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An Exercise in Seeing…

I’ve been playing a game with myself in the lab lately.  Its a game of seeing which sounds a little funny given my professed profession.  The point of the game is that we are deluged with information in science these days, so the “player” sits down and looks at *just one* any old piece of data and tries and find something interesting about it.  It does not have to be revolutionary or even notable, just… interesting.  The goal is then to dig into the interesting and see how far one could go.

The other morning I decided to extend this exercise to photography.  An interesting exercise in seeing if you will.  We have a similar problem in photography these days with hard drives able to store many terabytes of our photographs and we have cameras that can generate those images ever bigger and faster than ever before.  My primary camera for instance can create 27MB sized images at 10 frames per second.  That’s over a quarter gigabyte every second.

We have wonderful applications to database, annotate and rate our images, but its easy to have any one image get lost.  Even more, its easy to forget the actual point of the image one captured, so perhaps its best to slow down and take a moment to reflect on the process of seeing again.  Zach and others have been having some existential conversations about photography lately, so I said to myself walking back from a meeting on lower campus the morning this image was captured: “I’ll photograph the first thing that catches my eye” fully knowing that the photograph would likely neither be good, nor necessarily interesting, but that I’d capture the image of something… something ordinary and then examine the image later to see… what… there… was… to… see.

So, 20 yards outside the door of the Warnock Engineering building, I look down on the sidewalk and see a penny.  I captured *one* frame, put the camera back in the bag, picked up the penny and went on my way, back up to the lab.

 

So, what is there to see from this one frame?  Sitting down tonight I was a bit surprised to see a mite to the left of the penny.  Modern digital cameras pack lots of pixels and given decent enough performance of the optics, there is potentially huge amounts of latent information in all of our photographs.  This mite was easy to miss when the image was made, but there is enough resolution and information in the 200x zoom, that it is likely possible to identify the exact species of mite.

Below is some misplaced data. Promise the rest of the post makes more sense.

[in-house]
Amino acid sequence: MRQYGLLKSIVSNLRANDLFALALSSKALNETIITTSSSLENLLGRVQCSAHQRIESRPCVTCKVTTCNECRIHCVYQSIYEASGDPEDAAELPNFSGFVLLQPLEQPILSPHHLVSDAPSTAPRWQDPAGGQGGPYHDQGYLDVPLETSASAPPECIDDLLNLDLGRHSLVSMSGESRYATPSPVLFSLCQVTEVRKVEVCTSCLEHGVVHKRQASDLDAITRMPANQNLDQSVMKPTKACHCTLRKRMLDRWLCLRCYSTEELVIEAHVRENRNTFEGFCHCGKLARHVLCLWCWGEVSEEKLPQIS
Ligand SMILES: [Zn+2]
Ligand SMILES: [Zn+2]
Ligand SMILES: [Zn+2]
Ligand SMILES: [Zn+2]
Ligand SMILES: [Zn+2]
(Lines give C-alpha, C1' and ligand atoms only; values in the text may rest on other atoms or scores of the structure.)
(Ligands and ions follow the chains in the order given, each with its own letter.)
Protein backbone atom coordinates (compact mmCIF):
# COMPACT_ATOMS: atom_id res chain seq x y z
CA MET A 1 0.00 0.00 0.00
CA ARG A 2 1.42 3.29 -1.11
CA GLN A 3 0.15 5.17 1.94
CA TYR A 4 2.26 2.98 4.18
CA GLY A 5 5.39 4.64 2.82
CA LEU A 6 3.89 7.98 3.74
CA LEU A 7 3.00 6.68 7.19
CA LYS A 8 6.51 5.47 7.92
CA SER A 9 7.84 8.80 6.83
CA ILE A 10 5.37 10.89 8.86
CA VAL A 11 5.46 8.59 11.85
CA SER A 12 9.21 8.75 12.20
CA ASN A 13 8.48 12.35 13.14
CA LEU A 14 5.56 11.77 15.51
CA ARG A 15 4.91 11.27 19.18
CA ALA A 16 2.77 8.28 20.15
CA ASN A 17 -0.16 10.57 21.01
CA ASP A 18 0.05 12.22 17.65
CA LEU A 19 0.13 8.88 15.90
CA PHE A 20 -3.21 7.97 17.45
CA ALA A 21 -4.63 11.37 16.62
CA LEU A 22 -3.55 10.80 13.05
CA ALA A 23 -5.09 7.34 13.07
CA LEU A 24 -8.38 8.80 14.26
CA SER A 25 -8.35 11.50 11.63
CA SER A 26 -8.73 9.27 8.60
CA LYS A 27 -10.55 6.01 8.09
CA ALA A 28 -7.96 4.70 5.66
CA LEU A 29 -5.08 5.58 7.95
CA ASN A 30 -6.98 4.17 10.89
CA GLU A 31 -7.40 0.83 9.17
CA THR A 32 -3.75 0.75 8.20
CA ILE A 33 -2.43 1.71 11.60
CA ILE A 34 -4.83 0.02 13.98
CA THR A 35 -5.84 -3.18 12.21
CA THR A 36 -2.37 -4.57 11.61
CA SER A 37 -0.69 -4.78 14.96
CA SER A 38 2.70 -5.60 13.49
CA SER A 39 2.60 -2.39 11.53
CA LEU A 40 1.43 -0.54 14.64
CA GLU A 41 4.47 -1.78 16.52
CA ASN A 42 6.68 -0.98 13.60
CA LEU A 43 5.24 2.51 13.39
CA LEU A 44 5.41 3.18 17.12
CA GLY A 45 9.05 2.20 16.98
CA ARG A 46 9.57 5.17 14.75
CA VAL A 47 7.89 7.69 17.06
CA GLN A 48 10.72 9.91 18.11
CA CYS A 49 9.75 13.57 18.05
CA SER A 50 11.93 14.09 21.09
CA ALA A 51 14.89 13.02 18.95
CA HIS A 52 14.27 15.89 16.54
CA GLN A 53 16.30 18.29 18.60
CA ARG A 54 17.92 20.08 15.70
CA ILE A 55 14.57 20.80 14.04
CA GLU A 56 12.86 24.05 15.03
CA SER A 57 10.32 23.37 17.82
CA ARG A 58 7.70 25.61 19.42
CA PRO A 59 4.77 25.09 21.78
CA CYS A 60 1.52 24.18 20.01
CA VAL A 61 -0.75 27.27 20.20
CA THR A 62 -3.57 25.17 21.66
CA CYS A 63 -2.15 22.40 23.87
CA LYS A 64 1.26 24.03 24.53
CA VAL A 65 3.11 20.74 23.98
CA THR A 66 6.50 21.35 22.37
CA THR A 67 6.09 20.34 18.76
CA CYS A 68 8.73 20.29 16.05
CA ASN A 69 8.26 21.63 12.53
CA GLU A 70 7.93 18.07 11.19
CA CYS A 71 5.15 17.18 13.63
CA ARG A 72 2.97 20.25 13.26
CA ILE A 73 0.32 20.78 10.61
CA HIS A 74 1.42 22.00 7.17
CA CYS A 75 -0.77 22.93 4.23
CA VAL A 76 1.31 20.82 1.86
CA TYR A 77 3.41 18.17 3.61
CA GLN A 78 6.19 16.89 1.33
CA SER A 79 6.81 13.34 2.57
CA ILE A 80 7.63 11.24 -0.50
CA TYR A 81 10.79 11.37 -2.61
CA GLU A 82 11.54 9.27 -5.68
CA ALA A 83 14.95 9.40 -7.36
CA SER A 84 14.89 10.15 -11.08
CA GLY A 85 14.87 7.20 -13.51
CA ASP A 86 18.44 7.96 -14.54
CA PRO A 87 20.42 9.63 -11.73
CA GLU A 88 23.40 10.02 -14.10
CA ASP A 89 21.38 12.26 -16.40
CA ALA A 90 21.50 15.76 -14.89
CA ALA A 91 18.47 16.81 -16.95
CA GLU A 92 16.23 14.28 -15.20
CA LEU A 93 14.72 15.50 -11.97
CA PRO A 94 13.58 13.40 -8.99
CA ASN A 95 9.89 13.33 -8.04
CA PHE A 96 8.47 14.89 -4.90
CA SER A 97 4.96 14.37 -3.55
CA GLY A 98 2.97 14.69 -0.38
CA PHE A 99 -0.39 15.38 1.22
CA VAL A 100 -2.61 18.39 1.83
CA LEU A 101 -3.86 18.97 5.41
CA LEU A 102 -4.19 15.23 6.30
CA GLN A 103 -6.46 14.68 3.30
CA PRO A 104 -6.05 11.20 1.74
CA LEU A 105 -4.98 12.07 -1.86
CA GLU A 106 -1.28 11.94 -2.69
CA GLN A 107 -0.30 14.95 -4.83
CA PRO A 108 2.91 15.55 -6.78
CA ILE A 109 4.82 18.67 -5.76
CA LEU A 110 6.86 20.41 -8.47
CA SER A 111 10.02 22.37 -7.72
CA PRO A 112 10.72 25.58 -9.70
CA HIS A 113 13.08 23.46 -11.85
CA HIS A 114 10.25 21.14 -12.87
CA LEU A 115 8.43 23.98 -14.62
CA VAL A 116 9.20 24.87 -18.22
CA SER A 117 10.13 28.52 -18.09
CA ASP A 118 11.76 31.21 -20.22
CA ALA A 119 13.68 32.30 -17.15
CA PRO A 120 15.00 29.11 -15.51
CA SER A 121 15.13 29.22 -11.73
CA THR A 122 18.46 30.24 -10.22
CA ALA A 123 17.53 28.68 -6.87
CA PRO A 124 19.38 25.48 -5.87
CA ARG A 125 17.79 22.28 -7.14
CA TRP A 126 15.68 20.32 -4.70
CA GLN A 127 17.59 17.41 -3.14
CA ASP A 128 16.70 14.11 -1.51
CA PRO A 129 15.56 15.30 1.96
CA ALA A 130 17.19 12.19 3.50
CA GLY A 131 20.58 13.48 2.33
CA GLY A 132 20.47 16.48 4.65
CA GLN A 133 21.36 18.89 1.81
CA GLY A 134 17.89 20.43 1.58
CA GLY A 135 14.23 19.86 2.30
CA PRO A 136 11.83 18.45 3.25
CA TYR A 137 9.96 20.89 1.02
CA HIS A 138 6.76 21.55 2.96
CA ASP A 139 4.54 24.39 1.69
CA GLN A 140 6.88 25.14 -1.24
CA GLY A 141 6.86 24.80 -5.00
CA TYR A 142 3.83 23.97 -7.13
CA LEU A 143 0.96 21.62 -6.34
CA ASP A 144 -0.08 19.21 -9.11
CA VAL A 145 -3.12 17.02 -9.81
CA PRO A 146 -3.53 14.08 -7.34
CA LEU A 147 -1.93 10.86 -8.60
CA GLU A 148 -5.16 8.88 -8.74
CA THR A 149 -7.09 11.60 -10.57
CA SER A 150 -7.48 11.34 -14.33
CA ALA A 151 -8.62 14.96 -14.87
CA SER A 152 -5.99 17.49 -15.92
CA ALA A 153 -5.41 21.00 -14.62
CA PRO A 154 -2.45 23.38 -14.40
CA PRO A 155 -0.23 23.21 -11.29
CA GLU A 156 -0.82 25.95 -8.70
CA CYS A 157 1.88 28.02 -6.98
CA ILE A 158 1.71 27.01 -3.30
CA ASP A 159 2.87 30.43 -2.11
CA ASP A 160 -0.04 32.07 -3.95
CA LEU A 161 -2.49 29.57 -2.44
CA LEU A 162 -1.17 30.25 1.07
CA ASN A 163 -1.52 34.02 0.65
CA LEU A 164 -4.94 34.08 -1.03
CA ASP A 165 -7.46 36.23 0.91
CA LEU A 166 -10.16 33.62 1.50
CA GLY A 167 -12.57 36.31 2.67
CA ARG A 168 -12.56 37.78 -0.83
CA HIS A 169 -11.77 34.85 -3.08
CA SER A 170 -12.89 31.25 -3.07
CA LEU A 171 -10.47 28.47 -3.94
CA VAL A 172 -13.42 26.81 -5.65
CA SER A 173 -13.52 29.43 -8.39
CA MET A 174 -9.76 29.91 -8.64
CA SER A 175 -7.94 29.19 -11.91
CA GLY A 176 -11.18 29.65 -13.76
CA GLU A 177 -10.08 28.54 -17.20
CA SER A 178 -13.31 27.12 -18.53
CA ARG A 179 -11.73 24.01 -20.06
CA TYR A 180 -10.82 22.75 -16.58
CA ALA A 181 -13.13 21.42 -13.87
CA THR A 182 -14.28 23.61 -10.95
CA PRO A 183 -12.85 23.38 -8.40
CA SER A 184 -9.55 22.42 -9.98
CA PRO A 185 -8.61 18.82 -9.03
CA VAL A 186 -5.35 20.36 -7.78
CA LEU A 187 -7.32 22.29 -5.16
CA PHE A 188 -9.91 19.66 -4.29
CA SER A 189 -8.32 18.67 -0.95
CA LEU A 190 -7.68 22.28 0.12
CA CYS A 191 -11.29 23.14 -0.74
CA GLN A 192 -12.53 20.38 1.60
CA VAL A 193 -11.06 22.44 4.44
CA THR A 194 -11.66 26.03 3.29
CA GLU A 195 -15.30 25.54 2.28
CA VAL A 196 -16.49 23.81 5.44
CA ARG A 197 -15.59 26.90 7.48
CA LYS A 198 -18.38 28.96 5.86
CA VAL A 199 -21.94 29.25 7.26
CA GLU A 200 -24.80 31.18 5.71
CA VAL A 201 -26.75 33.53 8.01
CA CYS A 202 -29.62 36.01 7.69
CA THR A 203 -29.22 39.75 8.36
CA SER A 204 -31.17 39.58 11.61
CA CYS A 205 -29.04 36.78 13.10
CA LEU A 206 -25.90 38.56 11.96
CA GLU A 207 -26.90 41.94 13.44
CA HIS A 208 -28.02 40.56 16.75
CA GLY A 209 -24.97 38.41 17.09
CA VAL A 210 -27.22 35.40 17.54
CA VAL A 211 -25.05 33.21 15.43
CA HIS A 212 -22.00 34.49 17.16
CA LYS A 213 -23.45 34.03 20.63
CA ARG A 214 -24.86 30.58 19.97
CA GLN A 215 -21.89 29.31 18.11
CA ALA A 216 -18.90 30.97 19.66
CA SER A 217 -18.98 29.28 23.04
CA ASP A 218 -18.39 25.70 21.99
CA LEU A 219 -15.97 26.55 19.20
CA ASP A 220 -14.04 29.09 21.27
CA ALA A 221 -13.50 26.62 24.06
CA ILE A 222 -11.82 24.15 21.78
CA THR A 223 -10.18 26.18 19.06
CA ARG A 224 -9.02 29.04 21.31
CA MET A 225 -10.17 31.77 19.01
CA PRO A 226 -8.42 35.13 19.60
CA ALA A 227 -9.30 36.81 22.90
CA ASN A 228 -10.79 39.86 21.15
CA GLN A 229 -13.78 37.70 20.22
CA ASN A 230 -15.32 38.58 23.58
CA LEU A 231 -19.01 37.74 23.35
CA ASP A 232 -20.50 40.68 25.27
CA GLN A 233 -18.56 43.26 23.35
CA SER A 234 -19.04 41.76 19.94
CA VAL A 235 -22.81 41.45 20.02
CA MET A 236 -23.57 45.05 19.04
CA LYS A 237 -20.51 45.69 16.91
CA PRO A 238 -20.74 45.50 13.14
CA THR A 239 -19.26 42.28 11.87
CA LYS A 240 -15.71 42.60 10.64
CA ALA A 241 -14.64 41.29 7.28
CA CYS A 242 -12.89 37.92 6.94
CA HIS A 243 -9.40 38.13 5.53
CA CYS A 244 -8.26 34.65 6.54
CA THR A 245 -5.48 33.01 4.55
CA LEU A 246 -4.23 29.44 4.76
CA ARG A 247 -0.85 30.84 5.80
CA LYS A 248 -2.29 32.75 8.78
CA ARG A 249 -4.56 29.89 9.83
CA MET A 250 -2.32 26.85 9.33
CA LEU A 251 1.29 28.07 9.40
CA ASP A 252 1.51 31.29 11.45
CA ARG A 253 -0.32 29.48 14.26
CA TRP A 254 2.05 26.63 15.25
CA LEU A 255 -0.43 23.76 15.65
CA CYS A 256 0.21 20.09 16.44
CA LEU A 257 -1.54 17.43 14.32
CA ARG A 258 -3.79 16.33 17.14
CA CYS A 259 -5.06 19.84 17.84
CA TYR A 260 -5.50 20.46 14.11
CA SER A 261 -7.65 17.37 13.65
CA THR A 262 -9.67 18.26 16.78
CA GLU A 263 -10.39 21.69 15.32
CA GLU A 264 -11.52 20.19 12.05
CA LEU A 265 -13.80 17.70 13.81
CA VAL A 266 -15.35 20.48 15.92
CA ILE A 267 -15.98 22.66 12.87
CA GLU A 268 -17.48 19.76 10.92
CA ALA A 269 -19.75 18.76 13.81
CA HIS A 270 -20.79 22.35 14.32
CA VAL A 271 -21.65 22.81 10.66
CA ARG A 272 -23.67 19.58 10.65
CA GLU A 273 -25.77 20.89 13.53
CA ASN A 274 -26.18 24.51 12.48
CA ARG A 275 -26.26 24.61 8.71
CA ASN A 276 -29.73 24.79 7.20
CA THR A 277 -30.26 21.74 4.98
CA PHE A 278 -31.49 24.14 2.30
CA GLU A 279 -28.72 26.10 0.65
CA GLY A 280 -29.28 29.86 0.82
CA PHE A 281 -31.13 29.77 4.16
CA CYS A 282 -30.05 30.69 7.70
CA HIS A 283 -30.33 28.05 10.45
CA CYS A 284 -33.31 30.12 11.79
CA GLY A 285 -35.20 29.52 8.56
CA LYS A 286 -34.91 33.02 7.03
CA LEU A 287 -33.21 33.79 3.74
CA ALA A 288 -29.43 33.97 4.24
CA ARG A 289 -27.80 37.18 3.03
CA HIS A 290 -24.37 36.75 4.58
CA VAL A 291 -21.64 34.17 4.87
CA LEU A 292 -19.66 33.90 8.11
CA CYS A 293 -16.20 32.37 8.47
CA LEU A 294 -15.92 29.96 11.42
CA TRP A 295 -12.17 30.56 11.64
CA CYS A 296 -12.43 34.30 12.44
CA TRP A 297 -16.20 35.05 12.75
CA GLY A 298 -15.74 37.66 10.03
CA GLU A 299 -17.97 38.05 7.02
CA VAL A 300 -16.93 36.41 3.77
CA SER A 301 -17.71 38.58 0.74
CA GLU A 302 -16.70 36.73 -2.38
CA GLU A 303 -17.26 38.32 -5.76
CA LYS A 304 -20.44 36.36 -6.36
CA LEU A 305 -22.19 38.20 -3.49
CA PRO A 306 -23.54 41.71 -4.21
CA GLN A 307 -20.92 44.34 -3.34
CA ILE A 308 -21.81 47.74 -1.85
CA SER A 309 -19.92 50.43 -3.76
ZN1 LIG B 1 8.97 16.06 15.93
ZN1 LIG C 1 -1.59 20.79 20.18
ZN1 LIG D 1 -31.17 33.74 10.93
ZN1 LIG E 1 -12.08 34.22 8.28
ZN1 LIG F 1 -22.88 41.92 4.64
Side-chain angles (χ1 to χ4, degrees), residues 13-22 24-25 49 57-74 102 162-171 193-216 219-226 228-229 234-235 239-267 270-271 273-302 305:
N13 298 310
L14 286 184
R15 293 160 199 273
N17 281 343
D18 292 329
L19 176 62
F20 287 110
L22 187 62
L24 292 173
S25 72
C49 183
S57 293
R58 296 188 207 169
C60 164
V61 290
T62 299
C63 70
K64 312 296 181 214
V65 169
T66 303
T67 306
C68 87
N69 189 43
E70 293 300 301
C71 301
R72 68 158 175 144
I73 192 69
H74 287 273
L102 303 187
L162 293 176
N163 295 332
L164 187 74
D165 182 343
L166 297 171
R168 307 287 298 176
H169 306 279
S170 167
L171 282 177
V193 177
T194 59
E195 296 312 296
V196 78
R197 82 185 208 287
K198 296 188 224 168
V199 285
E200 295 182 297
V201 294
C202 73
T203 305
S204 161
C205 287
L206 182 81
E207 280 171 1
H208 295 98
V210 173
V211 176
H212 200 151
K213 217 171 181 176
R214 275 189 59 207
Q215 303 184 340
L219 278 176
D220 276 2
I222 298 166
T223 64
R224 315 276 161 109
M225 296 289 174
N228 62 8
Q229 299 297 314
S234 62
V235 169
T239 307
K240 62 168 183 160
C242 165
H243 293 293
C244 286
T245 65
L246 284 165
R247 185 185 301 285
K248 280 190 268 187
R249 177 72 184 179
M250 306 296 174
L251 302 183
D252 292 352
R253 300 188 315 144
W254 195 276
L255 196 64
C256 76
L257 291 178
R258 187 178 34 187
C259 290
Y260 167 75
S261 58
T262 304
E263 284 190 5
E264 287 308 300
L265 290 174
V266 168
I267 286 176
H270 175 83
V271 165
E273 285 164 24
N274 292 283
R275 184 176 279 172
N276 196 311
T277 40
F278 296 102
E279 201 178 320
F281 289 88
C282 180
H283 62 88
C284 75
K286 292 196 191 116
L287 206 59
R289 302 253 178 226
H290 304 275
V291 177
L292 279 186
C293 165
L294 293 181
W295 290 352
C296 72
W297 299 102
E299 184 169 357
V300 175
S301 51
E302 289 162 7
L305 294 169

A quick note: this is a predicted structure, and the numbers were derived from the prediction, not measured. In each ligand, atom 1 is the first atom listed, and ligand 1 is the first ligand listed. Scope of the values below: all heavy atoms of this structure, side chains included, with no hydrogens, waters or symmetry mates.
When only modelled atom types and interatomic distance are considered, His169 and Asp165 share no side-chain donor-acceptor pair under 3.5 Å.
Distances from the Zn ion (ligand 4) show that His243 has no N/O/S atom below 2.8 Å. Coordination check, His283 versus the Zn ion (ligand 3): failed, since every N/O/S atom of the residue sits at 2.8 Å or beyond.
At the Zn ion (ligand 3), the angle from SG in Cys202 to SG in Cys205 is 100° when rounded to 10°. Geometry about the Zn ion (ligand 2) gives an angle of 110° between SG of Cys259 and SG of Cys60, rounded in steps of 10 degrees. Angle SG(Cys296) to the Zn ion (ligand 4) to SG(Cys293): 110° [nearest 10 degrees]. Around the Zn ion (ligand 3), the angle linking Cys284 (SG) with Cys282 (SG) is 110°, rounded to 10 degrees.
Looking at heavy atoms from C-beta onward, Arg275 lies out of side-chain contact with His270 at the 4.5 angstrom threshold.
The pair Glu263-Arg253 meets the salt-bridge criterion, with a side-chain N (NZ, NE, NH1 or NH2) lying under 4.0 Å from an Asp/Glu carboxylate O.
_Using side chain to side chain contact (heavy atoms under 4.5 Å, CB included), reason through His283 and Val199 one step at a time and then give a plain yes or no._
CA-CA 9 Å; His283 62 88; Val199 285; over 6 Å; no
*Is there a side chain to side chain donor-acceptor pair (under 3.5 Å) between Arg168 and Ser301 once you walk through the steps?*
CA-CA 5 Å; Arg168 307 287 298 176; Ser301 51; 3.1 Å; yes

The penny is from 1960 and not 1940 as I originally though when I took the image.  Wear and a scratch makes the 6 look like a 4.  Also, apparently a 1960 penny in pristine shape is currently worth 35 cents to numismatics.

 

Concrete is not made like it used to be.  This is a modern concrete with much more sand in it than the original sidewalks in my neighborhood.  Those original sidewalks have lasted 100 years or more.  The new ones seem to flake or start cracking after about 5 years.

 

A simple edge detection filter shows the plane of focus of the camera and lens.  Too bad I did not capture the image in multiple wavelengths as we could have done some multi-spectal imaging and image decomposition to determine properties of the materials…  Gotta think more about that one.

What else can you see from this image?  The images above have simple facts associated with them, but complete narratives are easy to imagine.  What is the history of the penny?  How did it come to be there?  Who owned it?  What was the history of the world in 1960 when the penny was minted?  Its a fascinating time in American history for sure, not to mention the world and the sort of thing I would not be surprised to see Errol Morris make a documentary of.  These sorts of questions are luxuries for sure, but its not a bad exercise for photographers to step back and take a moment to reflect on what inspires them to make images, what is in those images and what do those images say about the world when those images were made?  What are you missing in your own photographs?  What can be seen in them?

The full resolution jpg is available here.  Download it and see what else there is to see from this image and leave a comment.

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11 Responses

  1. Wow. It looks really 3D. There’s a huge amount of detail in the penny — both by design and from years of use — that I surprised me. The texture of Lincoln’s hair. The green (copper) stain on his body. The dark red dirt behind his head. The way certain characters in “In God We Trust” are scratched and flattened along the bottom. The ridge around the penny. The penny’s shadow. There is a huge amount to see here.

    Oddly, my uncorrected eyesight is remarkably good about 5 inches from my face. I can actually read the teeny tiny hidden messages on hundred dollar bills. Looking at this high-resolution image of a penny on my 24″ monitor was nearly as revealing as a close, contacts-out examination of any other small item.

    One question: How did you make the magnification circles?

  2. Are you some sort of optic geek or something? :)

  3. Great exercise Bryan, we all can benefit from slowing down enough to try this out daily.

  4. perhaps the most interesting detail is present in the image and yet not visible. time.

    the penny’s date of 1960.

    where has it been, who has held it, what has it paid for? how many times was it lost, how many times did it combine with other small change to buy someone a cup of coffee or a pack of cigarettes?

    how many times has the penny been to washington d.c?

    endless questions.

    if i don’t sleep tonight i’m blaming you…



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